Temperatures below 0 degrees are also lethal to all bed bug life stages if they are subject to it for 7-10 days. Objects can be placed in a freezer or outdoors in the winter time if temperatures are cold enough. This method is inexpensive compared to other treatments; however, it is difficult to ensure that the temperature inside seams or crevices of the furniture will be as low as the air temperature. You also cannot ensure that the air temperature does not fluctuate above the necessary fatal temperature.
Many of the insecticides available in over-the-counter products and methods used by residents are not effective in controlling bed bugs. They show some resistance to insecticides such as DDT and can be difficult to manage if using certain products.
Make sure that store products clarify that they are for bed bug treatment and carefully read the labels before use. Here are a few insecticides that may be used. For more information on pesticide use, see the EPA Consumer Alert on pesticides and bed bugs.
- Diatomaceous Earth (DE)
This dust essentially dries out the bed bugs when they come in contact with it. This is a method that can be used by pest control companies. Make sure that the DE you buy is for insect control and not for swimming pool filters and that it is for indoor use. DE is fairly inexpensive and can be purchased online or at garden centers.
- Contact Sprays
SteriFab and Bedlam are some examples of low toxicity contact sprays. These only kill bed bugs on contact and are not very effective in treating infestations.
- Pyrethroid Sprays
These sprays are stronger and longer lasting than many other insecticides that are available. Spraying should occur when children are out of the area and contact with these should be avoided.
Alcohol and soap-based sprays are not completely effective in treating a bed bug infestation. Once dry, these sprays provide no residual treatment and can allow re-infestation to occur. Alcohol will not kill the eggs, so repeated treatment is required.
It is not typically necessary to dispose of mattresses, box springs and clothing. If they are discarded and replaced it can be expensive and re-infestation is a possibility if the treatment was not thorough enough. Purchase bed bug-proof encasements to slide your mattress and box spring in. These provide a tight seal to keep all life stages from escaping and cause them to eventually die. They must cover the mattress and box spring for at least 6 months until the bed bugs have all died off. Encasements are available for purchase through retail stores or pest control companies.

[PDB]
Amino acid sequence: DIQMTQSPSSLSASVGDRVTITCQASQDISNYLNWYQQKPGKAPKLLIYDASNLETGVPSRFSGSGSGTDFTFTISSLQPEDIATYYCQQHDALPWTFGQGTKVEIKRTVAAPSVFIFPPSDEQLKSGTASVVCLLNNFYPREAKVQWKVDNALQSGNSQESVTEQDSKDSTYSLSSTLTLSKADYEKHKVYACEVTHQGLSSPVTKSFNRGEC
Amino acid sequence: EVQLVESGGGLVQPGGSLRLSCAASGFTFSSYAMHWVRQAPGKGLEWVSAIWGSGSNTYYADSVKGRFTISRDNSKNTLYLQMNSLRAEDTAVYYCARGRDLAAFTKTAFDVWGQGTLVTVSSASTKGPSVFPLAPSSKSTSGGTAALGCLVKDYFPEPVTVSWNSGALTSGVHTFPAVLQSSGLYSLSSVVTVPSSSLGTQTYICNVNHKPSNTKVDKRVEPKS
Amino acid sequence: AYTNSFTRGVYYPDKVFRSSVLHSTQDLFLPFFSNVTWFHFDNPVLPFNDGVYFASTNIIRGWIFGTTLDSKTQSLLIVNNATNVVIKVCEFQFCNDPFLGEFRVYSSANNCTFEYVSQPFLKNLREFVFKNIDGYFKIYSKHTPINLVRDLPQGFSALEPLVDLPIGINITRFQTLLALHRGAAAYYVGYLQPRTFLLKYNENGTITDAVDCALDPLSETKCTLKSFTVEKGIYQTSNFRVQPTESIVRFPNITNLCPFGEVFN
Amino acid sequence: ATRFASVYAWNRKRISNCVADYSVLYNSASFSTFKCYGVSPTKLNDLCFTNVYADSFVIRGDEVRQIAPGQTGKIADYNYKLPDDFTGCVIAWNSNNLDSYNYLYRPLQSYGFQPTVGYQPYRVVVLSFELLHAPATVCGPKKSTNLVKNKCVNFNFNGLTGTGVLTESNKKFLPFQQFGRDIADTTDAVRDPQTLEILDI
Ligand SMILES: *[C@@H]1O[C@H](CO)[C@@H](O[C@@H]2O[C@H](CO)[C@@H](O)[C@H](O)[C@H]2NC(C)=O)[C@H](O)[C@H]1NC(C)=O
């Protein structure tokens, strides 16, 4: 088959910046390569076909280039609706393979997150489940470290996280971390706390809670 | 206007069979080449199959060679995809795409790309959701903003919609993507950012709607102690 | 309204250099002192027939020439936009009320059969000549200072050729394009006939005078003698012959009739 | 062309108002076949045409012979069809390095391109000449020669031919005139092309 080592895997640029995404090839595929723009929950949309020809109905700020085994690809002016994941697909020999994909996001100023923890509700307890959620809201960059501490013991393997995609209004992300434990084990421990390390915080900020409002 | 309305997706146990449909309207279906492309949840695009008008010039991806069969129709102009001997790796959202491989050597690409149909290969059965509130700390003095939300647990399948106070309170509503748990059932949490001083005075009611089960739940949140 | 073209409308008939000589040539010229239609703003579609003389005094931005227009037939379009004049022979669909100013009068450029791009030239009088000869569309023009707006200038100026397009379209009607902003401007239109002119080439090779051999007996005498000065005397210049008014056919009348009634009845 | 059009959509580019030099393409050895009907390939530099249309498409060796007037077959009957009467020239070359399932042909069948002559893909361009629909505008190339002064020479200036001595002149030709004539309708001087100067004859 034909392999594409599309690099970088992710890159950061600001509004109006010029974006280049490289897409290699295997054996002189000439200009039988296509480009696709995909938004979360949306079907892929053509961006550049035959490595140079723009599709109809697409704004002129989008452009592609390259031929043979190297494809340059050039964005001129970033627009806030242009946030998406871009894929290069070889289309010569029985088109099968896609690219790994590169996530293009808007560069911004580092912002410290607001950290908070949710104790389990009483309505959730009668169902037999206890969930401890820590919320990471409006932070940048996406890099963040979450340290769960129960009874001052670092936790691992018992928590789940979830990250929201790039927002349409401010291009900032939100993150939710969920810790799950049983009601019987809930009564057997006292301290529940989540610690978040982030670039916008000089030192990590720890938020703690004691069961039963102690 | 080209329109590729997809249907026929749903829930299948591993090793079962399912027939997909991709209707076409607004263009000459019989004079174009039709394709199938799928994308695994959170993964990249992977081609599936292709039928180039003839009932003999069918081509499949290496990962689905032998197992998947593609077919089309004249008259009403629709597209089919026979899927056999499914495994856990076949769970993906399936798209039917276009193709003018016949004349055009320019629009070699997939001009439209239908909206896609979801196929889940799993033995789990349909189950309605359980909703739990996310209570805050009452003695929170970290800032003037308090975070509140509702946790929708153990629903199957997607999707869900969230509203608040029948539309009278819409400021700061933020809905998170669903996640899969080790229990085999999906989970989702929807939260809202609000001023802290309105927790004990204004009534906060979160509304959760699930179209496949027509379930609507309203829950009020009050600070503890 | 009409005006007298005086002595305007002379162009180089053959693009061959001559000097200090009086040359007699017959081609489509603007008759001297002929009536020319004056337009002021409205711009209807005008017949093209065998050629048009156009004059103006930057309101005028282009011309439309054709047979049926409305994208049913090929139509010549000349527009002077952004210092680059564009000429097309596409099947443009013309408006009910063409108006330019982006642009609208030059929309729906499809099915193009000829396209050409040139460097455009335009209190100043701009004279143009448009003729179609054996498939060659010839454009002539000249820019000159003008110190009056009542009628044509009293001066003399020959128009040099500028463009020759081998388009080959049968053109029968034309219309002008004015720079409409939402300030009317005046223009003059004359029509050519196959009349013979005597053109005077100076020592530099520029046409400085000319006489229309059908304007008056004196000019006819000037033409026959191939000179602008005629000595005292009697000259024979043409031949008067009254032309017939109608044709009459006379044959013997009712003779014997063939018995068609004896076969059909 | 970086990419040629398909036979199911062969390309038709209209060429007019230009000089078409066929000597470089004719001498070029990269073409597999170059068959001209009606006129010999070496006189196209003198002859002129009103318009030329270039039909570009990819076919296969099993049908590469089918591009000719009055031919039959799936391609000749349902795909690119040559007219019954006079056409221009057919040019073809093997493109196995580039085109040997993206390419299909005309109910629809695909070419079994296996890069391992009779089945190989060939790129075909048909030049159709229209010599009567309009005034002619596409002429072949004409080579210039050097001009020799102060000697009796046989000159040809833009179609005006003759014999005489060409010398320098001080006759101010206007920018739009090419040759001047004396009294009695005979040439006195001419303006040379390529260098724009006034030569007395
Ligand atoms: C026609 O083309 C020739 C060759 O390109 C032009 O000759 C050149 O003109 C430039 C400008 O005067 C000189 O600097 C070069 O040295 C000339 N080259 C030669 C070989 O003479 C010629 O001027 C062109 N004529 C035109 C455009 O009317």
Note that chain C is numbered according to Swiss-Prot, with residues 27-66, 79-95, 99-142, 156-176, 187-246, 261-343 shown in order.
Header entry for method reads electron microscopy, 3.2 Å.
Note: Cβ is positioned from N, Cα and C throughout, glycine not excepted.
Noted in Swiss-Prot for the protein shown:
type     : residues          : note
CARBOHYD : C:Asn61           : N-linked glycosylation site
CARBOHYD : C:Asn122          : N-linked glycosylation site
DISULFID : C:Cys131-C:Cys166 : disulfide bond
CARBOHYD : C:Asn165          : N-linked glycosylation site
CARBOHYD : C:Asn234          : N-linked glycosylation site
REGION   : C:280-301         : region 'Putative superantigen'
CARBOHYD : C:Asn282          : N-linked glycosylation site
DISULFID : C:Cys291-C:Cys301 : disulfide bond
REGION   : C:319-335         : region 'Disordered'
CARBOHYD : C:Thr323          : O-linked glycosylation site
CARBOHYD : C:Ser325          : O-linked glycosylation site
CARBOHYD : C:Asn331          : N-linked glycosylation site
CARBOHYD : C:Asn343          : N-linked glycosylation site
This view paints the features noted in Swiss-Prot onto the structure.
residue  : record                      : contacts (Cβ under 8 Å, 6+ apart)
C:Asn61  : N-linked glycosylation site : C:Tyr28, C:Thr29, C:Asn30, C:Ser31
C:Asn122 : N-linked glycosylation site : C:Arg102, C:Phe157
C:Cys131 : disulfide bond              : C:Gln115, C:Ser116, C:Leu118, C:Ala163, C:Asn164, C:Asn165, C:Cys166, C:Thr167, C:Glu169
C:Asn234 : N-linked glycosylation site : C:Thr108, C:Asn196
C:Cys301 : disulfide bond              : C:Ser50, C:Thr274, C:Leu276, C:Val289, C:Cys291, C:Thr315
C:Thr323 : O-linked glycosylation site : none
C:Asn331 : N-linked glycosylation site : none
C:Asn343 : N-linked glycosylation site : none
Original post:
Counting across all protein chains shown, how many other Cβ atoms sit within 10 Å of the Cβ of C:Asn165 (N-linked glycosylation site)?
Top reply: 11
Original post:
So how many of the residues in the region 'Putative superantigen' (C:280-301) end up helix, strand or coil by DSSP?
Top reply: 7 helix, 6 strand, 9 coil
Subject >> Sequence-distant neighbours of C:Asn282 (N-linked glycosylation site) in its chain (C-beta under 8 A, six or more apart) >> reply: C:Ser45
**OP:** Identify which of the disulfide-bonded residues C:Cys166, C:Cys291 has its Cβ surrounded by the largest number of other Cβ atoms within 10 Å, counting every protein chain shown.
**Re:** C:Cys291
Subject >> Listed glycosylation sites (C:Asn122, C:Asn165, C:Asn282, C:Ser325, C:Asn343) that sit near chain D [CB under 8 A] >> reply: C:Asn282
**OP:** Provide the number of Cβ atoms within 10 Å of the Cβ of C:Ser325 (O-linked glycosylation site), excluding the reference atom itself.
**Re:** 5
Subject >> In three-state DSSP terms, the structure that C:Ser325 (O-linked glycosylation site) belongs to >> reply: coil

*** Foggers, “bug bombs” and contact sprays are the most ineffective method for controlling bed bugs. Since bed bugs hide deep in crevices and cracks, many are able to avoid coming in contact with these aerosols. It is not recommended to use these for complete infestations in homes. Here is a fact sheet on the Limitations of Home Insect Foggers.
Take Home Message
Bed bugs are extremely difficult insect pests to eradicate and if they are not properly treated after their first appearance, it is very possible that a re-infestation could occur. Traveling is a major pathway for bed bugs to make their way into your home.
Make sure to check the mattresses, linens, and behind wall decor for bugs and blood stains when you stay in a hotel, dormitory, or other public facility. Although all of these techniques can kill bed bugs, prevention is the most effective method and the proper steps should be taken to keep bed bugs from making their way into your home.
Potter, Michael F. 2013. Bed Bugs. University of Kentucky College of Agriculture Food and Environment Department of Entomology http://www2.ca.uky.edu/entomology/entfacts/ef636.asp
Hahn, Jeff; Kells, Stephen A.. 2014. Prevention and Control of Bed Bugs in Residences. University of Minnesota Extension. http://www.extension.umn.edu/garden/insects/find/bed-bugs-in-residences/
Gangloff-Kaufmann, Jody; Schultz, Jill. 2003. Bed Bugs are Back! An IPM Answer. New York State Integrated Pest Management Program. http://johnjay.jjay.cuny.edu/extra/bed_bug.pdf
Merchant, Michael. 2014. Bed Bugs: Do-It-Yourself Control Options. Texas A&M AgriLife Extension. http://citybugs.tamu.edu/factsheets/biting-stinging/others/ent-3012/